on sharing about my gender experience

It’s possible that at least a piece of this blog project will be a coming-out project.

I feel like there’s a hunger to share about my gender experience.

I have a lot of resistance to doing that. I’ve fallen into a habit of saying that I don’t have any secrets about it, but this is no longer true. It was true, when I started saying it. But the things I haven’t talked about, as I’ve gone through this journey, have built up over time. I’ve grown silent. I’ve let the silence speak for me. And the silence sometimes makes up shit that isn’t true.

It’s hard, because it’s a story that doesn’t have a beginning. I’m sure it doesn’t really have an end, either.

Part of me just really wants to know: What do you want to know about my gender experience?
And part of me is tired of having other people’s questions define my journey, my space, my identity.

How do we make ourselves our own?

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4 Responses to on sharing about my gender experience

  1. Adrian says:

    while this is very much influenced by judith butler, i always wonder if we can ever completely make ourselves “our own.” because some of who we are *is* influenced by other people’s questions, by how they view us, by our love for others. and i’ve yet to find a way around that. sometimes we are beside ourselves, outside of ourselves, for others. so part of the question becomes how we deal with the parts of ourselves that aren’t our own. for me, changing some of my outward presentation has changed how people react to me, and in a way, allowed me to handle those defining questions. or at least change what gets asked.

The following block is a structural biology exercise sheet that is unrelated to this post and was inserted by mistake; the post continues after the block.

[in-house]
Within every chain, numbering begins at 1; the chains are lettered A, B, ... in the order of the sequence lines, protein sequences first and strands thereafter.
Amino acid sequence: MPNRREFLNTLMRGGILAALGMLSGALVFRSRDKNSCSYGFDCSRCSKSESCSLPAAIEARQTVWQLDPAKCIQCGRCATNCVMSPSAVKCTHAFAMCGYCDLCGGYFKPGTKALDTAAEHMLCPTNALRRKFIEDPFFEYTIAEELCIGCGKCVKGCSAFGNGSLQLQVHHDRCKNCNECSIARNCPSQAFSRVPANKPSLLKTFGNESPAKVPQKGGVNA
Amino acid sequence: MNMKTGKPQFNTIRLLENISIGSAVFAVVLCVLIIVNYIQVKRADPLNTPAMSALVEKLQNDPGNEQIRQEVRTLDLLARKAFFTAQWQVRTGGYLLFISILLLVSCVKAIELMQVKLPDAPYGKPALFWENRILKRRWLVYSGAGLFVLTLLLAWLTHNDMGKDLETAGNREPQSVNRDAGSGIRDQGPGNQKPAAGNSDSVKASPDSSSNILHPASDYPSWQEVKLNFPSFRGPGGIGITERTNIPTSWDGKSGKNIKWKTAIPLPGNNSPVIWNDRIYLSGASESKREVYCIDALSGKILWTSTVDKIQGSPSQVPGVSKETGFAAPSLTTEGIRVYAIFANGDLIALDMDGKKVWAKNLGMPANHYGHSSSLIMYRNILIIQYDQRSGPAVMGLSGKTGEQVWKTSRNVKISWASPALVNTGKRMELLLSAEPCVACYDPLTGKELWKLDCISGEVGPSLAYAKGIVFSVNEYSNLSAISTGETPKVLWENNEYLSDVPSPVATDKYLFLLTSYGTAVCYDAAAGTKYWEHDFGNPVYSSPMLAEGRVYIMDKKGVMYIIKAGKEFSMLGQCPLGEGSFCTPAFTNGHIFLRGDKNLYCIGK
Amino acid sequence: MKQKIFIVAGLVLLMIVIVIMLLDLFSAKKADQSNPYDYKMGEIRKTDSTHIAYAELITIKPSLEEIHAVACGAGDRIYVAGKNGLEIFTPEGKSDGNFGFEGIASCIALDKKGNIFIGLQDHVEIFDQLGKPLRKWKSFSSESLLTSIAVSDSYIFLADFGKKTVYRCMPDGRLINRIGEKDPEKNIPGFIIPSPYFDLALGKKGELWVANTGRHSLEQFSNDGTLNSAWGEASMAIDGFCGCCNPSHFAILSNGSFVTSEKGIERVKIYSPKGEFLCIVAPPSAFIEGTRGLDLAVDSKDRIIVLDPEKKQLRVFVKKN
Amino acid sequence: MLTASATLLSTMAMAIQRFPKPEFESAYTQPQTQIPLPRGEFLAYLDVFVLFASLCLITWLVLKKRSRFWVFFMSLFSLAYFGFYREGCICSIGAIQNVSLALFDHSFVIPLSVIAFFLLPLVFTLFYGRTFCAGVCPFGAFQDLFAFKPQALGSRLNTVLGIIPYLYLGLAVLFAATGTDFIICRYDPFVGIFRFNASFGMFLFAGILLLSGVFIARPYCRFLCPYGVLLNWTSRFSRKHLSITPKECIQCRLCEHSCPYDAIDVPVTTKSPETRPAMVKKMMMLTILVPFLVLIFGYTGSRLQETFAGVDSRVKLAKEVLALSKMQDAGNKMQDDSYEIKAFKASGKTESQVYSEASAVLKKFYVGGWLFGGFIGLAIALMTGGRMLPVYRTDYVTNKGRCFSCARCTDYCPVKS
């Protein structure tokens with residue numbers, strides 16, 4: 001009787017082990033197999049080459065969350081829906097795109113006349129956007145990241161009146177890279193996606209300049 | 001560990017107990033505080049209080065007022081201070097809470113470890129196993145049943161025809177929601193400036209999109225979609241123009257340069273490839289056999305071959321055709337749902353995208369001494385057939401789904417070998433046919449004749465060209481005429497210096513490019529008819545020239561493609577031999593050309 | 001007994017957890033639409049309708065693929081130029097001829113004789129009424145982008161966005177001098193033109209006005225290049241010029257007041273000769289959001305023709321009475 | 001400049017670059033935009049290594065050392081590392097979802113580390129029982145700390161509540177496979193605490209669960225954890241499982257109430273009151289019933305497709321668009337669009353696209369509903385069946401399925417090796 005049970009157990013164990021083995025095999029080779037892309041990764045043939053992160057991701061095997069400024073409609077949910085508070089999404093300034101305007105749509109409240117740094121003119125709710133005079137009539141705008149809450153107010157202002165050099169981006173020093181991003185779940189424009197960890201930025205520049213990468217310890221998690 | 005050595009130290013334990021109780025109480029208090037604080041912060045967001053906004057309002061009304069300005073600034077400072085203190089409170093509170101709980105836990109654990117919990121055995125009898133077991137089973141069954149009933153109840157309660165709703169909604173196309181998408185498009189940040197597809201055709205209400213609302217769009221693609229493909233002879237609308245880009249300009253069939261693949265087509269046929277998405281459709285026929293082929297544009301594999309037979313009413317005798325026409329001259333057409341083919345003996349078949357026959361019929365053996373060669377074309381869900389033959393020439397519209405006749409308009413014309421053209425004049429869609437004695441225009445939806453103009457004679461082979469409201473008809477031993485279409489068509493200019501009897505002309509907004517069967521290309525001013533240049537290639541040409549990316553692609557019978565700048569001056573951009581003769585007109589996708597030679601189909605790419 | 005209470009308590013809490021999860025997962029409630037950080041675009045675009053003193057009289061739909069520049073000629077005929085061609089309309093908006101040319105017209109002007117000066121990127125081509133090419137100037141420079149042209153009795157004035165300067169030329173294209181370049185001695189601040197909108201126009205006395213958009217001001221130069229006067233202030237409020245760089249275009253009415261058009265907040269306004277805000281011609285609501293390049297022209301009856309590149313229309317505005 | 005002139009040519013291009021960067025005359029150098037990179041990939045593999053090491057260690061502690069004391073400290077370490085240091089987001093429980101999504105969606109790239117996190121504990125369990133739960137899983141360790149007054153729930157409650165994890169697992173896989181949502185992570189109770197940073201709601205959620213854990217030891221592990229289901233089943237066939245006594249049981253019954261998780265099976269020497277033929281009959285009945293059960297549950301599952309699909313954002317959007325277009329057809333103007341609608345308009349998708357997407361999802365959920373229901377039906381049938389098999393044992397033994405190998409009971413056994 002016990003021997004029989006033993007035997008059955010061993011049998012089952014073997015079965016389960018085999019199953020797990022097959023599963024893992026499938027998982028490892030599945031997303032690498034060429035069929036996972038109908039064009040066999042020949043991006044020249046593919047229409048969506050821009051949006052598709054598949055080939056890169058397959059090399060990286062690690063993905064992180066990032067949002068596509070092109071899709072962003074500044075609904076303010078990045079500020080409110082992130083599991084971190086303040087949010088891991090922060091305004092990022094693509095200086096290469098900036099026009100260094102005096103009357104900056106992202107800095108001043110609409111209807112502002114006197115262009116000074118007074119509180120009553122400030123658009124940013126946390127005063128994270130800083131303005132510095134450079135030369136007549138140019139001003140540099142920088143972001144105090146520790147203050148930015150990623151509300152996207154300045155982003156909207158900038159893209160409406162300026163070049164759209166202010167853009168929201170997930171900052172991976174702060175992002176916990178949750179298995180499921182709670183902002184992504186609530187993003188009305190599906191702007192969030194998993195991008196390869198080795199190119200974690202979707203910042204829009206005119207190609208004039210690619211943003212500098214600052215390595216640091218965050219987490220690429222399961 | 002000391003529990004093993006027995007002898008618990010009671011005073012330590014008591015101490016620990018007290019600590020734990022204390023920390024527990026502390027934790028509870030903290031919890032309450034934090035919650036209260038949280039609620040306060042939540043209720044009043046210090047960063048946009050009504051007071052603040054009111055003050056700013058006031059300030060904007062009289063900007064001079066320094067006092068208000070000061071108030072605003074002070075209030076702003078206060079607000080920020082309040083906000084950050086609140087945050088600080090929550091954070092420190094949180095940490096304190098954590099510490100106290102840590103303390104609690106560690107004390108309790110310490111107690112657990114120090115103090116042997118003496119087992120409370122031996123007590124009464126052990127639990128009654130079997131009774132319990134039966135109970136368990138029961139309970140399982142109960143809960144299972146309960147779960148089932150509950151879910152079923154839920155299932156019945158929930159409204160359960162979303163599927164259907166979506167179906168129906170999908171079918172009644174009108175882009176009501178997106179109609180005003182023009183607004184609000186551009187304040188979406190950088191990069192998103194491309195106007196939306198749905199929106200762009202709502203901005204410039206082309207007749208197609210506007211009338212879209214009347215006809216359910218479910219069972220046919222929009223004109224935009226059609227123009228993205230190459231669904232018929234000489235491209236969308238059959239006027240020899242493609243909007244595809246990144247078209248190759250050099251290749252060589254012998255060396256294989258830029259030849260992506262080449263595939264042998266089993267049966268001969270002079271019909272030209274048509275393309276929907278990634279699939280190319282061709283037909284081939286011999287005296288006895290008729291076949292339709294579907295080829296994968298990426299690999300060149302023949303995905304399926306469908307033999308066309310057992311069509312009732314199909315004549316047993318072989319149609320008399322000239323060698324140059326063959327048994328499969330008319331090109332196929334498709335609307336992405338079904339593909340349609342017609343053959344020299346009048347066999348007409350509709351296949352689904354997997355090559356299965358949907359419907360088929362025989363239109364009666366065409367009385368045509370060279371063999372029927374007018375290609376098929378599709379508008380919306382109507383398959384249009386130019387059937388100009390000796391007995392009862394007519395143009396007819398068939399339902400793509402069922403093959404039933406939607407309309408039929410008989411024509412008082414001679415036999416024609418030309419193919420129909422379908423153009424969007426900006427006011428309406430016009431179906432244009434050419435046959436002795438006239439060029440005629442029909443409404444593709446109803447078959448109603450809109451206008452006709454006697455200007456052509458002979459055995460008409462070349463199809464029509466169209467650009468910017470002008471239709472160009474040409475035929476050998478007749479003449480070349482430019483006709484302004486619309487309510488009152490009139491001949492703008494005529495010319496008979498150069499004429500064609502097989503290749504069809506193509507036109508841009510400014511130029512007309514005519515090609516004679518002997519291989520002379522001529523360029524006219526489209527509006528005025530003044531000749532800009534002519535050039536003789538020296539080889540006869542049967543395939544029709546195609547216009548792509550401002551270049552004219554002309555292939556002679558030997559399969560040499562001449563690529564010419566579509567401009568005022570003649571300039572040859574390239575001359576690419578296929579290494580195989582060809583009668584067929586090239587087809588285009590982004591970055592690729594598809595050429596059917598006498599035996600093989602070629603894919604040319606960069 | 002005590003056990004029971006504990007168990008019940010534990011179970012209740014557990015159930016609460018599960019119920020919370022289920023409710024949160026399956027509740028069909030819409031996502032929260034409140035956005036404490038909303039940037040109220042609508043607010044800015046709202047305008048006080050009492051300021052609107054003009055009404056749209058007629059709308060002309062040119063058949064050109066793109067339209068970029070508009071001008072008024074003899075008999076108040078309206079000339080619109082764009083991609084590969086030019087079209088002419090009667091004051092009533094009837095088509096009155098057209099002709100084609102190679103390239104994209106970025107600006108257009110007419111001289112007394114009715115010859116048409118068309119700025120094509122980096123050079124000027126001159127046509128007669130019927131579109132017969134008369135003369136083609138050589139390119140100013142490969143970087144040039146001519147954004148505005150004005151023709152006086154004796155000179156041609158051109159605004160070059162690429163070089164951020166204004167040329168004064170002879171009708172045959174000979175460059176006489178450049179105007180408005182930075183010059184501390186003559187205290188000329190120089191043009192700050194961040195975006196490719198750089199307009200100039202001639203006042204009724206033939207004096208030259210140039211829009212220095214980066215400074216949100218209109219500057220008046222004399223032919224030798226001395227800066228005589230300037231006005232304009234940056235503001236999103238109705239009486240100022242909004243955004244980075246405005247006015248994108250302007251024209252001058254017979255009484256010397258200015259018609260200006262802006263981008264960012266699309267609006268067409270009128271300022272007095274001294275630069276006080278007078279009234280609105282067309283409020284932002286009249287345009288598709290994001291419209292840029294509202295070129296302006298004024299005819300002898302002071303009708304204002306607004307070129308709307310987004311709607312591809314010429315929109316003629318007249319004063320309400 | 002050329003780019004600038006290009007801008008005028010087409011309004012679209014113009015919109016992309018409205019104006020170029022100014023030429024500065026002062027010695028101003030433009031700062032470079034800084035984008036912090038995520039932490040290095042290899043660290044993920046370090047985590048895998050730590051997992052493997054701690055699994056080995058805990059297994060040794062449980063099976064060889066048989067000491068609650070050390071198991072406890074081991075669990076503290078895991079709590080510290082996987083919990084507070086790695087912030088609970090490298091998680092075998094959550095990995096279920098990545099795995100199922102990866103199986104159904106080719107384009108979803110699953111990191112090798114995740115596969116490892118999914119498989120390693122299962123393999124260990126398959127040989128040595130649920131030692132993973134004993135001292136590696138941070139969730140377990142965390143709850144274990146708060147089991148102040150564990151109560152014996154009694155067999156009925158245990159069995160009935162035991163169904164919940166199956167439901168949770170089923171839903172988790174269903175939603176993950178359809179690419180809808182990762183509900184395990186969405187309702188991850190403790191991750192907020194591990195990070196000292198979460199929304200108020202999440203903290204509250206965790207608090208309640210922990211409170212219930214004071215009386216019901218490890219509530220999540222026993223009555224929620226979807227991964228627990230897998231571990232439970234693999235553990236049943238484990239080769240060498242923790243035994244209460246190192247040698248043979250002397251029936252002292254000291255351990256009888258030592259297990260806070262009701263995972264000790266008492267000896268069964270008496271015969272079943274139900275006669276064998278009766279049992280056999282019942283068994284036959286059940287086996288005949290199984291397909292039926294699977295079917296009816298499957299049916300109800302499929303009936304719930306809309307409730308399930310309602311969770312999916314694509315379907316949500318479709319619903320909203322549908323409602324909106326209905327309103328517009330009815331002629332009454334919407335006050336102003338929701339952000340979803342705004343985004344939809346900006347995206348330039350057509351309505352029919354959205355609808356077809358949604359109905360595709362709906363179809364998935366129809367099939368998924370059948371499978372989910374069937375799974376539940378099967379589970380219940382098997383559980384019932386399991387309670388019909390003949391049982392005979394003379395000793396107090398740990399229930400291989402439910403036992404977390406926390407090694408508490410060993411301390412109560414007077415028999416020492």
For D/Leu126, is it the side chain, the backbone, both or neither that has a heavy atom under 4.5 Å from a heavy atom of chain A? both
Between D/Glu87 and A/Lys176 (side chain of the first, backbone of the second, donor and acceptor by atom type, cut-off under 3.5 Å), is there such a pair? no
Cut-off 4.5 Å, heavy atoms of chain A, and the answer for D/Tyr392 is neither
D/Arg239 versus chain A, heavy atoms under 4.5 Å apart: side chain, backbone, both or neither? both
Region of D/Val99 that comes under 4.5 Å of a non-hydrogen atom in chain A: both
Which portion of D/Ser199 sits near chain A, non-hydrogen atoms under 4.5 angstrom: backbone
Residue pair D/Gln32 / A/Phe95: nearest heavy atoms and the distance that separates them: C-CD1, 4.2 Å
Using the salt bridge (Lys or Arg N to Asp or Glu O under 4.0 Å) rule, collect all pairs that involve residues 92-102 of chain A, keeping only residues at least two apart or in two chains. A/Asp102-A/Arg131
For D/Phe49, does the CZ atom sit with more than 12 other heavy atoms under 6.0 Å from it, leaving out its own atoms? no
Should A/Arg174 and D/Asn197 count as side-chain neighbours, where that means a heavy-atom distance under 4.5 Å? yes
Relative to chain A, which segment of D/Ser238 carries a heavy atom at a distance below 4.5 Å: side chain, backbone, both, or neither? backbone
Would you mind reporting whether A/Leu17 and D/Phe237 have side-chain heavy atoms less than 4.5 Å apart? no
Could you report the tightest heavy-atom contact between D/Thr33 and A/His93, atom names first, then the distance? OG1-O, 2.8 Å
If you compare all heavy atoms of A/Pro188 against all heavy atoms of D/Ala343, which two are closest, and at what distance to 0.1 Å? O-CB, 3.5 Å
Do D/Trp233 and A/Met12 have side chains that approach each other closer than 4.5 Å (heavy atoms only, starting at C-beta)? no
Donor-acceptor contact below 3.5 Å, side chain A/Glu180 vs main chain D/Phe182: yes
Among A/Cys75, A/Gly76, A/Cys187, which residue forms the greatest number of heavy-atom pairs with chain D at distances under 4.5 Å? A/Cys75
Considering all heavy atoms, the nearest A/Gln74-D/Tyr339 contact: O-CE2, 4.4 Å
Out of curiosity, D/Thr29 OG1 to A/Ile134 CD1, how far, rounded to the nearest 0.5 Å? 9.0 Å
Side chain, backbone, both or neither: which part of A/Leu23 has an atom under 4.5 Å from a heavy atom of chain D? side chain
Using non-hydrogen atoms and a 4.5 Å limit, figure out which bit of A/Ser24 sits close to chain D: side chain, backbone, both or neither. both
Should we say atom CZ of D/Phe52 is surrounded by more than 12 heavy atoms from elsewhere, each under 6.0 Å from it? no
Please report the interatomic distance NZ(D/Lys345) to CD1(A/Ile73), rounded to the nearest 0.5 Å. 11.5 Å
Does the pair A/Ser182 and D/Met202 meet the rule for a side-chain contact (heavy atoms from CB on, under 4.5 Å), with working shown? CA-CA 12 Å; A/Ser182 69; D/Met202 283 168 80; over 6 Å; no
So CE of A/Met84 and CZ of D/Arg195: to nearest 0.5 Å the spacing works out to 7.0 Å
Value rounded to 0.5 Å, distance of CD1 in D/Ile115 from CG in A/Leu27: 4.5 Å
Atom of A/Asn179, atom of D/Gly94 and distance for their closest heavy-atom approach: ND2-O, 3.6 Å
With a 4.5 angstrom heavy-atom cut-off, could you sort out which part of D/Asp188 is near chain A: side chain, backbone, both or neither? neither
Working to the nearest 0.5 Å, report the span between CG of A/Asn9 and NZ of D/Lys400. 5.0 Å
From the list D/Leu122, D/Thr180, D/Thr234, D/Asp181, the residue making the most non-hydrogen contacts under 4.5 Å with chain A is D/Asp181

2. choirqueer says:

    Adrian, do you find that the questions change to better questions? Or just to different questions?

  3. Adrian says:

    in some ways they are absolutely better questions. my experience has been one of joyfully unfolding myself. they are also different. but sometimes if the questions you are asked are not the questions you want, i try to stop and think of different responses. that, too, can change the course.

  4. phoenix says:

    I had to find a way to make myself my own too. It’s an ongoing process. (Hence the name…)
    In trying to be protective, my mother established all kinds of taboos about the body and sex and gender. I never learned the words to refer to my own body. Thus, I was not in control. I had immense psychological problems resulting from that – it was impossible for me to voice my concerns, my wants, my needs, my fears, simply because I could not utter the words. Even now, after a decade or more, most words I could use in my own first language feel alien to me, and I still feel very awkward about myself (and my looks, and my desires) at times. But I’ve come a long way, and the journey is not finished yet.
    I’m also often quite silent about things (which is weird because I do talk a lot). Maybe I have to develop a feeling for the right time and context.
    Thanks for sharing, choirqueer. I just found this new blog of yours and I already like it.

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